After a long battle, the drivers of the Signatech car finished Le Mans second in their class. The dream was coming true, and Lucas Ordonez was on the podium at Le Mans at his very first attempt!
This success was a clear signal that Lucas had what it takes to become a full time professional racing driver. For the 2012 season he has signed up to race once again at Le Mans and also in the European Le Mans Series. His new team is Greaves Motorsport, the outfit that defeated him at Le Mans last year and the 2011 LMS Champions. He is seen here discussing the prospects for 2012 with team principal, Tim Greaves.
I caught up with Lucas earlier this month, and here is what he had to say about his career and the future.
Lucas, you were the inaugural winner of the Nissan PlayStation Academy, which was quite an achievement given the huge number of entrants. When you were younger, did you have an ambition to become a racing driver?
Yes, when I was really young, my Dad was a racing driver, in Spain, doing some rallies and circuit racing when he could afford to do it. I grew up as a young kid going to the race tracks with my Dad, so I was always dreaming to become a racing driver, just like him. I started out with some karting but I could not progress because it was so expensive to compete, so I had to leave it behind. But I kept my dream, even though I found it impossible to find a sponsor. My brother, he did find a sponsor and won a Spanish Championship and was pretty successful. Me, I kept on with my studies, then the GT Academy came at the end of 2008.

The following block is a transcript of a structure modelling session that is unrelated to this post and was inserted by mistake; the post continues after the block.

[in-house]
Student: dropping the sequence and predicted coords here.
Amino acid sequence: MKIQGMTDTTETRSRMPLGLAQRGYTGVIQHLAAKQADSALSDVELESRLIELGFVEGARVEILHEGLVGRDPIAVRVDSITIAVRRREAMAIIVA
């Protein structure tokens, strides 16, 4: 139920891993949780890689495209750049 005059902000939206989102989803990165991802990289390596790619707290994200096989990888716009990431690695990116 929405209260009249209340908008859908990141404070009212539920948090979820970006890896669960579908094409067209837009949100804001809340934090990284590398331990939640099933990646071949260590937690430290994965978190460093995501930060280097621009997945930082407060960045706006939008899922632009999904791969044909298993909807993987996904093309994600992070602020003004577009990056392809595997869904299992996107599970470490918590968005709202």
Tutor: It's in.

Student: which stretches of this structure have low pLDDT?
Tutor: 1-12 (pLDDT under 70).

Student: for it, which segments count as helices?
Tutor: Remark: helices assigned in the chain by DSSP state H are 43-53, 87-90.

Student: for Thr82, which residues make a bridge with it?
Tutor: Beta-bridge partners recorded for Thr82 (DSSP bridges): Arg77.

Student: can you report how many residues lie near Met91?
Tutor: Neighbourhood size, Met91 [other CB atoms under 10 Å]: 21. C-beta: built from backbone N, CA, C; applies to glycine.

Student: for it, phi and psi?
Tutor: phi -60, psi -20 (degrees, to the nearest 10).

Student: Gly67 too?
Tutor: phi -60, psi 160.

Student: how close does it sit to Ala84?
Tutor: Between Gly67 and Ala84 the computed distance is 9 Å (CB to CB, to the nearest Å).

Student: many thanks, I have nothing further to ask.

What were you studying in school?
I studied for a Degree in Marketing and Business, then an MBA in Business.
Interesting set of talents to have as a racing driver - you should be good with contract negotiations! Before you started racing full time did you have any heroes or guys you looked uo to in motorsport
My father, of course. But I always followed Ayrton Senna. I was really young but I clearly remember the Imola Grand Prix in '94, it was a disaster and it was my birthday. I was 9 years old that day, a big fan of Ayrton, and I still am. Since then, I have followed Fernando Alonzo. Well in Spain, we are all big fans. A Spanish Formula One driver and a Ferrari driver; we never thought there would be a Spanish Ferrari driver in Formula One, so we are all really proud of that.